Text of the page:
I'm sorry to hear about your dog passing away and the was hypothyroid just like you. Did you give him thyroid medication? This endocrinologist sounds more like one who focuses on diabetes and is not familiar with thyroid. Fasting from food isn't done for testing TSH or TPO. Did he test your free thyroid hormones FT3 and FT4, or is he just going by TSH? TSH is not a reliable test for your thyroid because it's not a thyroid hormone.
The only fasting that is done before testing is fasting from thyroid medication the morning of your tests. What were your results from the TG antibody test, or did the doctor not remember that there are two? TSH isn't a thyroid hormone. It's from pituitary but it communicates with your thyroid and tells it how much thyroid hormone to produce. TSH 3.87 is too high, is hypo. You don't want it to be left that high. Your pituitary is telling your thyroid to try to make more thyroid hormones, T4 and T3. Your symptoms of weight gain, constipation, sleep problems, low physical activity are hypo signs. I'm sorry to say that your TSH will not resolve on it's own. It sounds like you've been hypo for over 5 years with constipation and other symptoms. You need a doctor to run a complete thyroid panel on you so that your thyroid can be correctly evaluated, which is impossible by TSH and one antibody. Do you also have diabetes? Diabetes can be related to being hypothyroid. I hope he tested your A1C, fasting glucose and insulin. Since he didn't test your thyroid (TSH is pituitary) this makes me concerned about his ability as an endocrinologist to diagnose health conditions.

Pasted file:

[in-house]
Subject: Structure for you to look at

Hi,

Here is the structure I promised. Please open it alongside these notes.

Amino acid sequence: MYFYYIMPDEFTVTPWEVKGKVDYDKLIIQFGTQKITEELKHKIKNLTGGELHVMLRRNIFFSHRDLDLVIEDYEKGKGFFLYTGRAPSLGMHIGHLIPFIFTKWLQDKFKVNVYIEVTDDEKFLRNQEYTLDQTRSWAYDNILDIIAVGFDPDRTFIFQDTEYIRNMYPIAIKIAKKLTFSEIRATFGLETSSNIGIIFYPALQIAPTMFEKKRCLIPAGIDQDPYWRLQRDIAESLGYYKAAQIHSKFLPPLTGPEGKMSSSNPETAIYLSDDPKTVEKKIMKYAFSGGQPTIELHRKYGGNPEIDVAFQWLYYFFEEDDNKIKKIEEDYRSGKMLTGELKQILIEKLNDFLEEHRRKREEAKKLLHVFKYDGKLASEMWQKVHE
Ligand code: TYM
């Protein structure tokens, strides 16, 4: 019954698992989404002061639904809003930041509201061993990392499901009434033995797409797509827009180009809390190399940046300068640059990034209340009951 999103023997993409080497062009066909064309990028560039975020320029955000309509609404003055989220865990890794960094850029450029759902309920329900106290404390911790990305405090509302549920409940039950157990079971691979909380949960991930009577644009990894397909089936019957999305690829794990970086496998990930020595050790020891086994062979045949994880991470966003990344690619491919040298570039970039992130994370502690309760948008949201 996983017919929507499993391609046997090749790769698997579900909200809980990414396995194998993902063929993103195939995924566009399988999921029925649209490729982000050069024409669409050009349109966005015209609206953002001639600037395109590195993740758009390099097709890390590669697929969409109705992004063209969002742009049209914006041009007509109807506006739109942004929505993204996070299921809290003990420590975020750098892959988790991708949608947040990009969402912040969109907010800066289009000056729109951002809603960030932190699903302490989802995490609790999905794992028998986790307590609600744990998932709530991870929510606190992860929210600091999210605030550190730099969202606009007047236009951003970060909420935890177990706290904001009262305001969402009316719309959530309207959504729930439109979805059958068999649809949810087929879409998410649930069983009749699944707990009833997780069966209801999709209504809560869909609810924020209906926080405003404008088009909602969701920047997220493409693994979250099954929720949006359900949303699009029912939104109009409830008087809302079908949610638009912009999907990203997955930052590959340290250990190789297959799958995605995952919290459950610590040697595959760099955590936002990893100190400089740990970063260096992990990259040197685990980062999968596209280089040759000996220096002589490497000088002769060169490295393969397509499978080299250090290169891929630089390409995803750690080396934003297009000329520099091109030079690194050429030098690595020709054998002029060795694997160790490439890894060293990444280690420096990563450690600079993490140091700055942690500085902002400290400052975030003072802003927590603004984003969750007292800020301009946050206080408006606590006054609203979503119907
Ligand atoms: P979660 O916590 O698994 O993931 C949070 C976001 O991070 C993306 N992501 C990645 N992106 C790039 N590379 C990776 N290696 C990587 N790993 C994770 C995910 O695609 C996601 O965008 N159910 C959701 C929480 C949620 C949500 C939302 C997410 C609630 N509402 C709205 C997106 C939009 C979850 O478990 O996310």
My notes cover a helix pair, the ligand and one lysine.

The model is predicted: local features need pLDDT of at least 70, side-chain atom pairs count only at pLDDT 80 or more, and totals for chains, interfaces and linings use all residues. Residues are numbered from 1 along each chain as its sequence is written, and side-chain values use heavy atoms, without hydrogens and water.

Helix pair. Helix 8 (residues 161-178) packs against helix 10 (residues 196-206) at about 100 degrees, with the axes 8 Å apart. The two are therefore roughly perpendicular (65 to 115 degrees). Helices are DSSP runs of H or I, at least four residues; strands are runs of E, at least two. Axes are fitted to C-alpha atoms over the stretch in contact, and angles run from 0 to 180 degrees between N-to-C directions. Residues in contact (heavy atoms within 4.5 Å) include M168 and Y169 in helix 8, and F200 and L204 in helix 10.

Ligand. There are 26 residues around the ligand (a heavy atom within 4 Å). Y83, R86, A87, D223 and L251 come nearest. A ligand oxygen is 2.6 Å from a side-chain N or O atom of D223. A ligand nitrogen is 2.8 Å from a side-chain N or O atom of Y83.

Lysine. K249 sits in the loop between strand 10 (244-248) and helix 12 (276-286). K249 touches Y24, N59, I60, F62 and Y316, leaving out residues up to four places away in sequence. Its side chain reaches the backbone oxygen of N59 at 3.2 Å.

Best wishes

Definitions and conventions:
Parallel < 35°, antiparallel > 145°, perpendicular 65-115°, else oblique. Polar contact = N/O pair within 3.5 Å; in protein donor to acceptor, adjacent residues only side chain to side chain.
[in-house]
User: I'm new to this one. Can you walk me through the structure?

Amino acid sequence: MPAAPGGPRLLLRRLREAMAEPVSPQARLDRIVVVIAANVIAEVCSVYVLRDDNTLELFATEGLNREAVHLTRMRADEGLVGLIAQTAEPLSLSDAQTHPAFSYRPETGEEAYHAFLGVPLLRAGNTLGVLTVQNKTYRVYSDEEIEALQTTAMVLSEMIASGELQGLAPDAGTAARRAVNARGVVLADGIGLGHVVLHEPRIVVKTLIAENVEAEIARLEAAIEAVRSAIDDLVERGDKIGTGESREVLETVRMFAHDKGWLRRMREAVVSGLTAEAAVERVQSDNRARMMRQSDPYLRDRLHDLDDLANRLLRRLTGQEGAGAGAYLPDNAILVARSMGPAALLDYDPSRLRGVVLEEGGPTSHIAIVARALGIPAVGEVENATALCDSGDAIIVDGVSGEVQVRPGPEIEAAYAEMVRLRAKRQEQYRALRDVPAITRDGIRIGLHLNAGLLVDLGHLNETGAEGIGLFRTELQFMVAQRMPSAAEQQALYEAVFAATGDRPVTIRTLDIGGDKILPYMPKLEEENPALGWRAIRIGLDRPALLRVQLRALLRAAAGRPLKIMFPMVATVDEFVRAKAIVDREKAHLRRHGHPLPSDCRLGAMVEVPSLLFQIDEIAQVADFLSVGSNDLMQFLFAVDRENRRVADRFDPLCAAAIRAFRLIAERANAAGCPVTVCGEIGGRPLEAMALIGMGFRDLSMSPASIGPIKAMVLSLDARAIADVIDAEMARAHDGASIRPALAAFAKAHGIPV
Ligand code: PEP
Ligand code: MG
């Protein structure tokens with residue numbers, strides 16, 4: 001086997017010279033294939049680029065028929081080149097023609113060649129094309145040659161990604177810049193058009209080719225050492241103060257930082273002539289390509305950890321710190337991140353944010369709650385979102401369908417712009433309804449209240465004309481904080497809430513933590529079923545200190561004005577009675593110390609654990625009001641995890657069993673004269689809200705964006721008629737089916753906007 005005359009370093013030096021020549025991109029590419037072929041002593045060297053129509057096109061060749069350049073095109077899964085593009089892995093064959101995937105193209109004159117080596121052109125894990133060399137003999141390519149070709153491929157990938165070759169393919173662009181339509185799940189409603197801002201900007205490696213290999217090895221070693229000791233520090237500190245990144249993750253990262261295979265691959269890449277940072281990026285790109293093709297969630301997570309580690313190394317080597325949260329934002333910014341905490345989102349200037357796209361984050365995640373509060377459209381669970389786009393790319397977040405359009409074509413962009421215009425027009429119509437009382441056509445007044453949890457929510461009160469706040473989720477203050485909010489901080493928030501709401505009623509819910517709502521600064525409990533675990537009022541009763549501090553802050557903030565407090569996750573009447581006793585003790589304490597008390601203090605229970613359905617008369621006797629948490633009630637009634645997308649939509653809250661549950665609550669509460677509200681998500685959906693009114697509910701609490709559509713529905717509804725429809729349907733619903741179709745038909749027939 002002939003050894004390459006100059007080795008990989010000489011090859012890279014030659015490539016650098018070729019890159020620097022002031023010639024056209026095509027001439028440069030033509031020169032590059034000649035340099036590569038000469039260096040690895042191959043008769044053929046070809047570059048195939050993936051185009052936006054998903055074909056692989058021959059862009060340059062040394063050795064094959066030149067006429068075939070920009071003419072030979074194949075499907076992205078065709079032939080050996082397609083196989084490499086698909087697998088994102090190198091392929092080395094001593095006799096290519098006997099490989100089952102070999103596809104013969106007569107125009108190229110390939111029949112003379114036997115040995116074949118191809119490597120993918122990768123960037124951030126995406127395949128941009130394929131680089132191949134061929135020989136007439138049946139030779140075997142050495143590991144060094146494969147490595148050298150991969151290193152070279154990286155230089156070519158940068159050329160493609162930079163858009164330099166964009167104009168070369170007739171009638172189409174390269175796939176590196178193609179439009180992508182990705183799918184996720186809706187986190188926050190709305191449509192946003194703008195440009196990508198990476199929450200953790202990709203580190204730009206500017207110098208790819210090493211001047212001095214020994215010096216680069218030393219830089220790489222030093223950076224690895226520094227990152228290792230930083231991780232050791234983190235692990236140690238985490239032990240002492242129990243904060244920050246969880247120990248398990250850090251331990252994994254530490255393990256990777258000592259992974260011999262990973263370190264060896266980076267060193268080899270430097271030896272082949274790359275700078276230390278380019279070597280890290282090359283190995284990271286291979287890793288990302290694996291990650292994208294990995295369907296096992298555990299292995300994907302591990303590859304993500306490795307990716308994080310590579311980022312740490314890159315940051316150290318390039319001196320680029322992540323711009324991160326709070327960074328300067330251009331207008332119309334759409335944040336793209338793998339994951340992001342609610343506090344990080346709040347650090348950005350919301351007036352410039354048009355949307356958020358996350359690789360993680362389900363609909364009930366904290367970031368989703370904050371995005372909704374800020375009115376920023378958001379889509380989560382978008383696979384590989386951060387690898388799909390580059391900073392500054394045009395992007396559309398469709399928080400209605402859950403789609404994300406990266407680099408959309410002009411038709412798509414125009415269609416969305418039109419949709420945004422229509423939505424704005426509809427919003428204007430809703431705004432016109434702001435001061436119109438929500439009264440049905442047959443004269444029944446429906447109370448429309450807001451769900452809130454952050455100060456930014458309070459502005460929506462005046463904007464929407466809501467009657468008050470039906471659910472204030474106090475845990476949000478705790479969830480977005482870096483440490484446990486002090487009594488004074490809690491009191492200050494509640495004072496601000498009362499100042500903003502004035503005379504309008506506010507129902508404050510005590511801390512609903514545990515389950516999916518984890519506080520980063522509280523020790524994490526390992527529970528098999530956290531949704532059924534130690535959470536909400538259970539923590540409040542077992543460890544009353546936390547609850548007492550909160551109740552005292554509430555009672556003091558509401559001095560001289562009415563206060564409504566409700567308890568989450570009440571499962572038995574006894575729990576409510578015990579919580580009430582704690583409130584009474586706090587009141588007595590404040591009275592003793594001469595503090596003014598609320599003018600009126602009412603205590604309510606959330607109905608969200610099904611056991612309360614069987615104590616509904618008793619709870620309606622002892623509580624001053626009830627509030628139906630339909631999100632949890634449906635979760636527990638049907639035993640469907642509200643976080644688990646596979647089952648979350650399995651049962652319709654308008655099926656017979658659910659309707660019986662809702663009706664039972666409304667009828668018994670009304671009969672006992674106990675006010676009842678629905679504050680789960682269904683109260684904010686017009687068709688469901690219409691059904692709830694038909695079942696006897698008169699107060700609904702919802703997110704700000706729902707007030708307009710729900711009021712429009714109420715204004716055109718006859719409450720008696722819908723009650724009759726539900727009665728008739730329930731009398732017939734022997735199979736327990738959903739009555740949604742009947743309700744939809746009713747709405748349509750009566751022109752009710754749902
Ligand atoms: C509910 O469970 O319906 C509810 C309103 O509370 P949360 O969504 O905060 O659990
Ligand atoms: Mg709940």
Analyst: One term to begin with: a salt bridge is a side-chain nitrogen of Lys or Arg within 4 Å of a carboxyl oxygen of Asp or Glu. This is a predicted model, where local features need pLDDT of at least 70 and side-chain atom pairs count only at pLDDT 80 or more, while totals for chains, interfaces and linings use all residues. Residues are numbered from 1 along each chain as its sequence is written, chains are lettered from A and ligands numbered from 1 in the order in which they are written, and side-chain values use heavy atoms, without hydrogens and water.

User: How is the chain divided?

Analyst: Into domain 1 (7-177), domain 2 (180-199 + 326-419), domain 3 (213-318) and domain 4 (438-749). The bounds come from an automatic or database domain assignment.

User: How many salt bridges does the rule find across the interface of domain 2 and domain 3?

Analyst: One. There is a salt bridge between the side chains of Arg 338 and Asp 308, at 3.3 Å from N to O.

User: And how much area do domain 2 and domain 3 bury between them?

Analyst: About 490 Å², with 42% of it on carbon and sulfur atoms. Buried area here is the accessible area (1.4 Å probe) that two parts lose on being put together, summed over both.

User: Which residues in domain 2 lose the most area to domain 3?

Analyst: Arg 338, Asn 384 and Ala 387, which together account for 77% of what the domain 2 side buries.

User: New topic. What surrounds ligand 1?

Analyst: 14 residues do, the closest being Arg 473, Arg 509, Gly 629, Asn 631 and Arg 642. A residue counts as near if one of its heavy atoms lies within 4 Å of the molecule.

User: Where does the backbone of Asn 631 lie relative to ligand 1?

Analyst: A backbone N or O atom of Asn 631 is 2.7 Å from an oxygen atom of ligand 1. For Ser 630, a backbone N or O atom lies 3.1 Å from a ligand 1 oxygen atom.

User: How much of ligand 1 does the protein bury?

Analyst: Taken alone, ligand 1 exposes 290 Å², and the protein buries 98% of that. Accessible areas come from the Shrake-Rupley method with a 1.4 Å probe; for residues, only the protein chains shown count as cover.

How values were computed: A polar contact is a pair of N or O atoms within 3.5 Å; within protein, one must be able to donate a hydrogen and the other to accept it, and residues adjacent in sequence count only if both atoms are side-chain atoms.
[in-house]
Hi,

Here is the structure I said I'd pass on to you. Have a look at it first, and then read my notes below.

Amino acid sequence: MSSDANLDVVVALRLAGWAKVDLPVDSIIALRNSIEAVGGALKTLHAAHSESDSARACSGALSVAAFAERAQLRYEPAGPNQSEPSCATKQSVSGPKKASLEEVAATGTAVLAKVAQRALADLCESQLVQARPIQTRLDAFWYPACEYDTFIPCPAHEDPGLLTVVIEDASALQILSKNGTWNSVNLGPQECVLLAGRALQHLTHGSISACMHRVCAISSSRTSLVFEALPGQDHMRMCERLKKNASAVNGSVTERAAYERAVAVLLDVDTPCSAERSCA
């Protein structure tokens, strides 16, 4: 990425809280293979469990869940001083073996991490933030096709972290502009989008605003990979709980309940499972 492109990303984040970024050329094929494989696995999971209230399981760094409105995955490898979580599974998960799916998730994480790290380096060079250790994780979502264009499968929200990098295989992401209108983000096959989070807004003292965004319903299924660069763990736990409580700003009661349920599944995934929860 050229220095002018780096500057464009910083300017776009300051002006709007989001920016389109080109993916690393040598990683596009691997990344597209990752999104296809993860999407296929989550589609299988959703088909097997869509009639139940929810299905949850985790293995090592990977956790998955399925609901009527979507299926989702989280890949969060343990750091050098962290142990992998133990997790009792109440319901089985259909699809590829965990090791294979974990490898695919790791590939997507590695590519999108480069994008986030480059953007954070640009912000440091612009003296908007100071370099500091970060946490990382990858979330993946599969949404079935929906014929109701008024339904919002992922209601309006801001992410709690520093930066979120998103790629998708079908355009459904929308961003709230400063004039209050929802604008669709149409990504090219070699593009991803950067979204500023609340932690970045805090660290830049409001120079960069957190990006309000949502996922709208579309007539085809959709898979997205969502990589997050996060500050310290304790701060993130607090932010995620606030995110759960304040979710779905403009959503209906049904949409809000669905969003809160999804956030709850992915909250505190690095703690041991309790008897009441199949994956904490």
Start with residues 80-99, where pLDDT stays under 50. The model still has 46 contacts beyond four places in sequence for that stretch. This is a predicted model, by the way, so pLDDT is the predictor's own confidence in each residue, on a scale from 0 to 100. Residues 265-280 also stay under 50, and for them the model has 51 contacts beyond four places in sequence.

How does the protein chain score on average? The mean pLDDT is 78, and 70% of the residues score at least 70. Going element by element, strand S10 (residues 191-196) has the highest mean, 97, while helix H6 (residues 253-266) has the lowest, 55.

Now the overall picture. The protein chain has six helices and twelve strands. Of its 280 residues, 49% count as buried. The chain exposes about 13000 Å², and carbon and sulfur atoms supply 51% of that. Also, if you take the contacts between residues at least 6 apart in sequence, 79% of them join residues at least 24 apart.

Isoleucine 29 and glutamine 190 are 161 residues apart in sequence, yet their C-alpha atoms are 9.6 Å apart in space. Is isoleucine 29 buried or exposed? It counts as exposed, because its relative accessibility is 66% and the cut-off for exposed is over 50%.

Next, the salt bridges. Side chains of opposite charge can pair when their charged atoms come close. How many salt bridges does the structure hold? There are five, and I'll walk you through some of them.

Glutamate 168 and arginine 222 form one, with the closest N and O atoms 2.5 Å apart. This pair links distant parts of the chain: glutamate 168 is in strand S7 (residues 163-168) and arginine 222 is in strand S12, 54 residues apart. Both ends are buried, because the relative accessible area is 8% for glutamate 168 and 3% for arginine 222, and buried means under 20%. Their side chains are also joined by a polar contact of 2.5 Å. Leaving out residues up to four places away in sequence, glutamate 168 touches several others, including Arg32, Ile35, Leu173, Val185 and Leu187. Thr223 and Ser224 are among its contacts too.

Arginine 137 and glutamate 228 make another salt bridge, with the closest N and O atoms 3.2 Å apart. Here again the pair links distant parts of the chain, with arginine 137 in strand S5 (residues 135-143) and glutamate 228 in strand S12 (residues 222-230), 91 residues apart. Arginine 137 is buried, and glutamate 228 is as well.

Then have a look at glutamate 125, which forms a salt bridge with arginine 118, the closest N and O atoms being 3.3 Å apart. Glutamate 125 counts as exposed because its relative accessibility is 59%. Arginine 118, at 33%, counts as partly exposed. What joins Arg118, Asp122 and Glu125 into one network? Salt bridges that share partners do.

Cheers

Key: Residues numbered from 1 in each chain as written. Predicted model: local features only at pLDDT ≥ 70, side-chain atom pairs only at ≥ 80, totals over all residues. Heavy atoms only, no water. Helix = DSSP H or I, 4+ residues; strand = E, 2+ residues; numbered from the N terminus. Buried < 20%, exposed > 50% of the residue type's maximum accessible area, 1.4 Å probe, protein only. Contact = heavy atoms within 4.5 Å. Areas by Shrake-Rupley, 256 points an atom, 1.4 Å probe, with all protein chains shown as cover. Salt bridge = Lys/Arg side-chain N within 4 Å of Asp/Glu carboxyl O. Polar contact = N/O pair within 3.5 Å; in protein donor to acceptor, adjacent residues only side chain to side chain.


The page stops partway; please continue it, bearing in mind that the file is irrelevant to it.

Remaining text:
First thing to understand is that the correct definition for hypothyroidism is not just inadequate thyroid hormone. Instead it is "insufficient T3 effect in tissue throughout the body due to inadequate supply of, or response to, thyroid hormone." It is the TISSUE T3 EFFECT that determines your thyroid status. TSH is a pituitary hormone that is affected by so many things that it has only a weak correlation with the biologically active thyroid hormones, Free T4 and Free T3, and a negligible correlation with TISSUE T3 EFFECT. Thus TSH is useful as an indicator of thyroid status only when it is at extreme values. Your TSH does not come anywhere near such a level.
The best way to assess a person's thyroid status is an integrated approach including a full family history, evaluation for symptoms that occur more frequently with hypothyroidism, and finally extended biochemical testing. Tests should include Free T4 and Free T3 (not Total T4 and Total T3) every time you go in for tests. A TSH test with followup to TPO ab and TG ab, if TSH is high. Reverse T3 is also useful, along with cortisol. Since hypo patients are so frequently deficient in Vitamin D, B12 and ferritin, those should be tested and then supplemented to optimize. D should be at least 50 ng/mL, B12 n the upper end of its range, and ferritin should be at least 100.
You have mentioned several symptoms that frequently occur with hypothyroidism. So I suggest that you try to get the additional testing done as the next step. Then post results and reference ranges here and we will be glad to help interpret and advise further.